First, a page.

Any plans on coming to Portland?

I’ve heard so many great things about Portland! Would love to visit at some point. Maybe next summer!

View more of Sirui's work here and follow on instagram

Hank Richardson

Hank Richardson's newest music project is an echoey, lo-fi, late night drive filled with minimal chants and one rough man. When coupled with Old English ridden album covers by close collaborator and friend, Kyle Pellet, the duo transforms into SPEEDWAY. Hank recently treated me to a Tuesday evening out, so I decided to record most of our night.

Jack Mahaley: Take a right. Come on, you know where you're at.

Hank Richardson: I don't really know Northeast, I grew up Southwest.

JM: So Tuesday's nights you and Kyle typically have the staff meeting right? Who calls who? Like do you shoot him a text first and say 'Hey I'm callin' in..."

HR: I usually call him, it's pretty structured even though it's just a couple of guys talking.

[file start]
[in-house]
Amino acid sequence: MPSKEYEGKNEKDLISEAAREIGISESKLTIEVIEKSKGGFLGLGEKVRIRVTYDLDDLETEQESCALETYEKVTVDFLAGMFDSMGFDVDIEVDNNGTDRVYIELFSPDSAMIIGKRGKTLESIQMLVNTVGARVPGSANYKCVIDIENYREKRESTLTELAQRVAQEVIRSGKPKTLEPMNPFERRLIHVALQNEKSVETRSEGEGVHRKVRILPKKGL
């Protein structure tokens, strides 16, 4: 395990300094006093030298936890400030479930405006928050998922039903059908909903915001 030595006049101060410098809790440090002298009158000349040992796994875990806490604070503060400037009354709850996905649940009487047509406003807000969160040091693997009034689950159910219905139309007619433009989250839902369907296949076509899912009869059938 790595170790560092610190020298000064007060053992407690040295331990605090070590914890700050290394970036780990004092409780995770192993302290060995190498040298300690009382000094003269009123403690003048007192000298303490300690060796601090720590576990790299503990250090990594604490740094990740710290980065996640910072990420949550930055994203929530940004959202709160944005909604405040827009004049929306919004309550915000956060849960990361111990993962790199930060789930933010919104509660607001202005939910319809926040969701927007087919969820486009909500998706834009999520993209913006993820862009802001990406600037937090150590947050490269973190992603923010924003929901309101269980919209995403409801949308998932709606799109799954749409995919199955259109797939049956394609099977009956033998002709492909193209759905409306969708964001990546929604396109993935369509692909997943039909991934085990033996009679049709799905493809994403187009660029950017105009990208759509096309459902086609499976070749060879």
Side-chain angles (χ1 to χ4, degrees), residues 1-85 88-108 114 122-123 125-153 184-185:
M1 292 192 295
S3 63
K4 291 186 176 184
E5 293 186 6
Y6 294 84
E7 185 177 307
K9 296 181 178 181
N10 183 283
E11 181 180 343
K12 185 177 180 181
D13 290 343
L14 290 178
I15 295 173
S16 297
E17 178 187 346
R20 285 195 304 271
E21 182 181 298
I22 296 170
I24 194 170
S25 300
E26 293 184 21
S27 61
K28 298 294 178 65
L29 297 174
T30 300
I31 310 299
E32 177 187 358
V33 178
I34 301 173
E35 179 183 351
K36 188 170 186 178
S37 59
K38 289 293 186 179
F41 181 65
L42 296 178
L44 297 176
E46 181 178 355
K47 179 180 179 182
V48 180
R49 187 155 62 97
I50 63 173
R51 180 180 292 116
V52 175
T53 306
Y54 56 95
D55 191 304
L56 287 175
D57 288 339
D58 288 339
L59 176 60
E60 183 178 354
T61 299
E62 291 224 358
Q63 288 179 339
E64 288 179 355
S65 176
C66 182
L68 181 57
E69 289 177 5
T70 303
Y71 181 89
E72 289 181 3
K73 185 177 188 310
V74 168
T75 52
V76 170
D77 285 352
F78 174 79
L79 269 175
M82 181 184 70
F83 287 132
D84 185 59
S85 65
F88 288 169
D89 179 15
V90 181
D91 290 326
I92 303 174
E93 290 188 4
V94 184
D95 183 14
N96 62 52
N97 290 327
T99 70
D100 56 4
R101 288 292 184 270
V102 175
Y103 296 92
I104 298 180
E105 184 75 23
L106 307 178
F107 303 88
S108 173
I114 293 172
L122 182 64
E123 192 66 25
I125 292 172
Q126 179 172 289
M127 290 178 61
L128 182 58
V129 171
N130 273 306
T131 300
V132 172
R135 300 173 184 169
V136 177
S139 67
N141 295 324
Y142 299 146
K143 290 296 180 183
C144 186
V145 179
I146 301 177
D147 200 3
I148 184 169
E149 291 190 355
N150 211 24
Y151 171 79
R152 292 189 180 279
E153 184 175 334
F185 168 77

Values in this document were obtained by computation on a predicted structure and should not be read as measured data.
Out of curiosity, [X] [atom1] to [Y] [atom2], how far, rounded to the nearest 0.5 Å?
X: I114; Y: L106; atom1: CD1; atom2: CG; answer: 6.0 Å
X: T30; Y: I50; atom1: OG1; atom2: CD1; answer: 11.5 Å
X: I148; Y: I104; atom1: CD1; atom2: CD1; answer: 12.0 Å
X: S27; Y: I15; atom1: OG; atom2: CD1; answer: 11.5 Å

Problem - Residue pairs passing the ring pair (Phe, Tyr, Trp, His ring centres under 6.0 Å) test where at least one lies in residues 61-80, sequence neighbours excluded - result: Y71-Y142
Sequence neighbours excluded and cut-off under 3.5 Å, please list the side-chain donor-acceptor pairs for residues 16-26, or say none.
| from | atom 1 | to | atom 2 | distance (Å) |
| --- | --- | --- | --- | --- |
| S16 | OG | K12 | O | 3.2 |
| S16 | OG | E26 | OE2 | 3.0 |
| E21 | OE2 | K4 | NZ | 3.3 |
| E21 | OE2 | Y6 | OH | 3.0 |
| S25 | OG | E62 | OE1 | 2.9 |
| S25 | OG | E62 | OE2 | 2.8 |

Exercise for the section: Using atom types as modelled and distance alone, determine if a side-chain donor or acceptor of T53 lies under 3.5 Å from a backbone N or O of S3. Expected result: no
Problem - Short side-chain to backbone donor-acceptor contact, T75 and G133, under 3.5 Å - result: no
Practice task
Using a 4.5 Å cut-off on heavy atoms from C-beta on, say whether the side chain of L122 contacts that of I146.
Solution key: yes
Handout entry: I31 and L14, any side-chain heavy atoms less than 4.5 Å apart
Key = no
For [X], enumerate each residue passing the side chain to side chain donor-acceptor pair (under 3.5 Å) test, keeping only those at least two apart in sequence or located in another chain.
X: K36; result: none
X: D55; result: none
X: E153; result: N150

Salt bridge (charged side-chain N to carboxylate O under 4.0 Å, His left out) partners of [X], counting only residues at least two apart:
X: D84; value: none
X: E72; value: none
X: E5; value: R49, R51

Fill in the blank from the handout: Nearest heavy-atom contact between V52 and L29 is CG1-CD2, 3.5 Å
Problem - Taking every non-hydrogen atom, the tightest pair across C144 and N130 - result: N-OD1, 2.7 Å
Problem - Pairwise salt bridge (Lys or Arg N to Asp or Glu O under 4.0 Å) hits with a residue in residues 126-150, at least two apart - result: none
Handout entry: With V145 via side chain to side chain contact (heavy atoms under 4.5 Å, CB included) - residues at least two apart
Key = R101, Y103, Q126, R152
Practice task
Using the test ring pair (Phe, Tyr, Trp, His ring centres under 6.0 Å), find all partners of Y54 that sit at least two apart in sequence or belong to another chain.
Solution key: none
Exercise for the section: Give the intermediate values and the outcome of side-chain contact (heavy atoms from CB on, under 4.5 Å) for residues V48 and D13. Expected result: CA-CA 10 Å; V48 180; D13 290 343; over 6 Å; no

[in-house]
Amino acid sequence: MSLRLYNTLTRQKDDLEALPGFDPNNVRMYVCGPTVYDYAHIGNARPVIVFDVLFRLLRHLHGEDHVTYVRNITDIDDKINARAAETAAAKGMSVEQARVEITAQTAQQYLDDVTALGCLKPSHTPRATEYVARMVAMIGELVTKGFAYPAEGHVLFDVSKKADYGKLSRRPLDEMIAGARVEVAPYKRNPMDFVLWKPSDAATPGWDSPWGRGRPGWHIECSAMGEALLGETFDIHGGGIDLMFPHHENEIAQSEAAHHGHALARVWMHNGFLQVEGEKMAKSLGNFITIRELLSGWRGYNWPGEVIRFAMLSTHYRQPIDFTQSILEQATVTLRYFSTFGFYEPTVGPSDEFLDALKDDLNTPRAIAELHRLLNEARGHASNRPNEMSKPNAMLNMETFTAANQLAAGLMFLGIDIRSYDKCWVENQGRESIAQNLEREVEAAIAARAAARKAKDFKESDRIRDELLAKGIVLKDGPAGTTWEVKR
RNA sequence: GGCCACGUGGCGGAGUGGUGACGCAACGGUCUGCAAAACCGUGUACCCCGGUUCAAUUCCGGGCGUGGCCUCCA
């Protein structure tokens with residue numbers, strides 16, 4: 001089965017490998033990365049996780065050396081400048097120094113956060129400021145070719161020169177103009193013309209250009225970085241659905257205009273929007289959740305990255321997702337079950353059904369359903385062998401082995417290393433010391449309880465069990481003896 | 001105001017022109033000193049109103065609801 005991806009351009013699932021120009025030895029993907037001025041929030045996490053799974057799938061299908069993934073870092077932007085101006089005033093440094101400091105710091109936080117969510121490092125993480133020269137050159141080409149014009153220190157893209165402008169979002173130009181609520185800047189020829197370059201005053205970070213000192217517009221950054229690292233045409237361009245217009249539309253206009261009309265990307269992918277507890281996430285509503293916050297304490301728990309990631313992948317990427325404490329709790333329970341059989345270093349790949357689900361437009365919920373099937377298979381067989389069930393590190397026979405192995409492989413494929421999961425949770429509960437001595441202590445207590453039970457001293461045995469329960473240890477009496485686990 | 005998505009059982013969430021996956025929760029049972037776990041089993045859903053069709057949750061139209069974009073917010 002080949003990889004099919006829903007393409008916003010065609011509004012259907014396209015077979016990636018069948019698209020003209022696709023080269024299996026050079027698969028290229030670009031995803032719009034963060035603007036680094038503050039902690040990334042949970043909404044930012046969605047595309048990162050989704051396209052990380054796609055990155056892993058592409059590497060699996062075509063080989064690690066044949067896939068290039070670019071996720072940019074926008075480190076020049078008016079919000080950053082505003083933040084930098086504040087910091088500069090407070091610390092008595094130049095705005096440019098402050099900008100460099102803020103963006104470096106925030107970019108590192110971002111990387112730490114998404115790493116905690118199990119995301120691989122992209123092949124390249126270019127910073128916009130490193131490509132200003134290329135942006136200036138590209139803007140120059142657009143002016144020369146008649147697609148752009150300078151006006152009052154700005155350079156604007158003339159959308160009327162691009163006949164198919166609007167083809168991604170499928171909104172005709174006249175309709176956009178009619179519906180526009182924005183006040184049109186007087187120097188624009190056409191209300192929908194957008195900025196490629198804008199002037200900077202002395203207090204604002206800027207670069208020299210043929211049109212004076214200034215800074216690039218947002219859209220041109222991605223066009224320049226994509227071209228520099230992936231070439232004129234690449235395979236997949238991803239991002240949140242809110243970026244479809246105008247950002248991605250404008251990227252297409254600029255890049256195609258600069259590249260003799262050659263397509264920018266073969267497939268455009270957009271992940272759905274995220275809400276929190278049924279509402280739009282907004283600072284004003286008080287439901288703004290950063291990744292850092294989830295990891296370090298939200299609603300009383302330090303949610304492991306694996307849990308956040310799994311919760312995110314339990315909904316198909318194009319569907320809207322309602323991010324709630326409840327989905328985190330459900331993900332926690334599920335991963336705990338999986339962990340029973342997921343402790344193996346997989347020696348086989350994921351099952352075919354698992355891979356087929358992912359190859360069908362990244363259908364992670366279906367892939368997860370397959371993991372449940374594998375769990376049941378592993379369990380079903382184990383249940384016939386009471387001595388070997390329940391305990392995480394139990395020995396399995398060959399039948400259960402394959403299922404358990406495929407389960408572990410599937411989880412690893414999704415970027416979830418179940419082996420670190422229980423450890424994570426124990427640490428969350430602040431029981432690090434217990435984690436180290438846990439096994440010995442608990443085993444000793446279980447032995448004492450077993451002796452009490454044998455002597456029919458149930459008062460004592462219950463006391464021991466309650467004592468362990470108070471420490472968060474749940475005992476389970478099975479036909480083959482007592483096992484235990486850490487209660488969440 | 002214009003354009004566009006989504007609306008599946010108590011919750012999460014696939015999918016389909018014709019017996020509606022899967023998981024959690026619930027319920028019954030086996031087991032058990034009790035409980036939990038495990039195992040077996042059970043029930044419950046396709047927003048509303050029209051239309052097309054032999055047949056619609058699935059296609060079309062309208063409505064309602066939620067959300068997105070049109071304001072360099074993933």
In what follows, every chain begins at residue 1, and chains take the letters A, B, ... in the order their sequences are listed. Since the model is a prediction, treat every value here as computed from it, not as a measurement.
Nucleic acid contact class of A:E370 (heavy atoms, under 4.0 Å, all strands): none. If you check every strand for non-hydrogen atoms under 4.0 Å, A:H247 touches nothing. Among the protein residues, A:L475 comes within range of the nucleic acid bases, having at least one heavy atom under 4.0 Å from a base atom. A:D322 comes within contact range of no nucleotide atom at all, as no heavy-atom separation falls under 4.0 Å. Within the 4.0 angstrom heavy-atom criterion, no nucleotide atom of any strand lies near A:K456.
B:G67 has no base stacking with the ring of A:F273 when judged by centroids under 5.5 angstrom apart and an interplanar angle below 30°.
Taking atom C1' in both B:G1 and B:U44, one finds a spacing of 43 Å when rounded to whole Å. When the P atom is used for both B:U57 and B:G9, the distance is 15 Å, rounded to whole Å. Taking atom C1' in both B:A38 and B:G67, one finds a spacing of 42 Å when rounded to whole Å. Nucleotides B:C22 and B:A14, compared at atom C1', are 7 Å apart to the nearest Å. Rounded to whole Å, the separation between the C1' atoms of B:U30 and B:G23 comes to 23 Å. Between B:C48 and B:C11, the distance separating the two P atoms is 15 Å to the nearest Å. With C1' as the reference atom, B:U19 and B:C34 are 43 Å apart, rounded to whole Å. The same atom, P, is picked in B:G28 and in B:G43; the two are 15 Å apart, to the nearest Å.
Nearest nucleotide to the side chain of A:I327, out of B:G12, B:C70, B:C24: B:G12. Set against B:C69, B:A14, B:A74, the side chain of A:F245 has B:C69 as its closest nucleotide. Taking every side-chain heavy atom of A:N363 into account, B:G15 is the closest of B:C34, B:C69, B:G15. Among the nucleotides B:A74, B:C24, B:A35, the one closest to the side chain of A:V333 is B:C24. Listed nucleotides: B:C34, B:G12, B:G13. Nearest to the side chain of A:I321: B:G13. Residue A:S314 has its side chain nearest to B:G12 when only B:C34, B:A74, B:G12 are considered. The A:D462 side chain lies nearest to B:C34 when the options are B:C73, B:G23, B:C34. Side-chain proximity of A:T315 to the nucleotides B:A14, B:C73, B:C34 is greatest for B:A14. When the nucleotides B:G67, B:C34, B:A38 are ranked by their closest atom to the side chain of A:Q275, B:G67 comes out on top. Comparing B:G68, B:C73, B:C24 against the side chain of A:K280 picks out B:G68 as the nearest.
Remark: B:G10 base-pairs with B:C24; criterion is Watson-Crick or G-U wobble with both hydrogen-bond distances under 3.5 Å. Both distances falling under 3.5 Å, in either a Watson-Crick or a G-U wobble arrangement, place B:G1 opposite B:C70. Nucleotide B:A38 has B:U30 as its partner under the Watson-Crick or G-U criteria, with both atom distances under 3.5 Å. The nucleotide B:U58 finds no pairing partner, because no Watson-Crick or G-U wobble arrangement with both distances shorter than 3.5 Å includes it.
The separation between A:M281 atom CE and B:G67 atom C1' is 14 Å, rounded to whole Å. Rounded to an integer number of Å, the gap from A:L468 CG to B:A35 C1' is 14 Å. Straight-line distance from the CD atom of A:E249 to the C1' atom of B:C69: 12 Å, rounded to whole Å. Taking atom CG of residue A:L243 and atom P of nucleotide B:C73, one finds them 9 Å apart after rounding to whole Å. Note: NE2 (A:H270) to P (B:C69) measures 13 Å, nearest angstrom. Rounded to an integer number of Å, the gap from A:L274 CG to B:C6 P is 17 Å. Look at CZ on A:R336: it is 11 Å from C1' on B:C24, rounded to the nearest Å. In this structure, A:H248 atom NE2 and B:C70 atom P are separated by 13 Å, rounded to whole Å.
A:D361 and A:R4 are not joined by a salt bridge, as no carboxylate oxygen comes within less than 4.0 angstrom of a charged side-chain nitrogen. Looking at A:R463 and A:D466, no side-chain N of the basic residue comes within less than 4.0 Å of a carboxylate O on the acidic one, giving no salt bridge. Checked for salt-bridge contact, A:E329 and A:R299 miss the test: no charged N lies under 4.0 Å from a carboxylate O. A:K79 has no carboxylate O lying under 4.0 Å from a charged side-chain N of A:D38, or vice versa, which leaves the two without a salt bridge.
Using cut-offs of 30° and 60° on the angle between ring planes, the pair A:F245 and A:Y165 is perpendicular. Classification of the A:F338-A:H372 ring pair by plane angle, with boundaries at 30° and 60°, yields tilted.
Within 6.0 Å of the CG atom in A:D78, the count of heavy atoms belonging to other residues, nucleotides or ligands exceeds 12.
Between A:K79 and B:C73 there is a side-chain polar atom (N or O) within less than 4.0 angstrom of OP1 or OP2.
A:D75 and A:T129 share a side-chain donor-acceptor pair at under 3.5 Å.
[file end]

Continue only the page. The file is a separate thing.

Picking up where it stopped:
JM: So you come prepared with an idea, or a song completed?

HR: Yes, usually I have a song recorded and we discuss things related to the release.

JM: Why don't we back up a second. I don't think you've ever really explained to me what the SPEEDWAY concept is... in your own words.

HR: Yeah, SPEEDWAY is basically rock-n-roll on rerun. It's in the tradition of Suicide, Dirty Beaches, that kind of like early rock-n-roll, synth, lo-fi, punk tradition. But it's just me doing home recordings.

JM: How do you get the vocals to sound the way they do?

HR: Basically it's a $20 mic off eBay through a guitar amp, through two reverb pedals, basically just cranked.

JM: Gotcha. So, is SPEEDWAY signed to Suitor's Club Records?

HR: SPEEDWAY is a flagship act under Suitor's Club Records.

JM: So it's different than the recording artist 'Hank Richardson'?

HR: Definitely. I think I was getting physically ill, to be honest, writing the same songs under my own name. I went through a very dark time, I just couldn't write a song. So SPEEDWAY is very fresh to me. It saved me a little bit.

HR: SPEEDWAY allows me to be a character and I don't have to be myself really. To date, I don't have a single love song under SPEEDWAY. Not a single one.

JM: You know I get kind of a truck-stop vibe from some of the songs.

HR: Yeah I like rough men, shitty people, shitty drinks, fast women.

JM: Shitty people?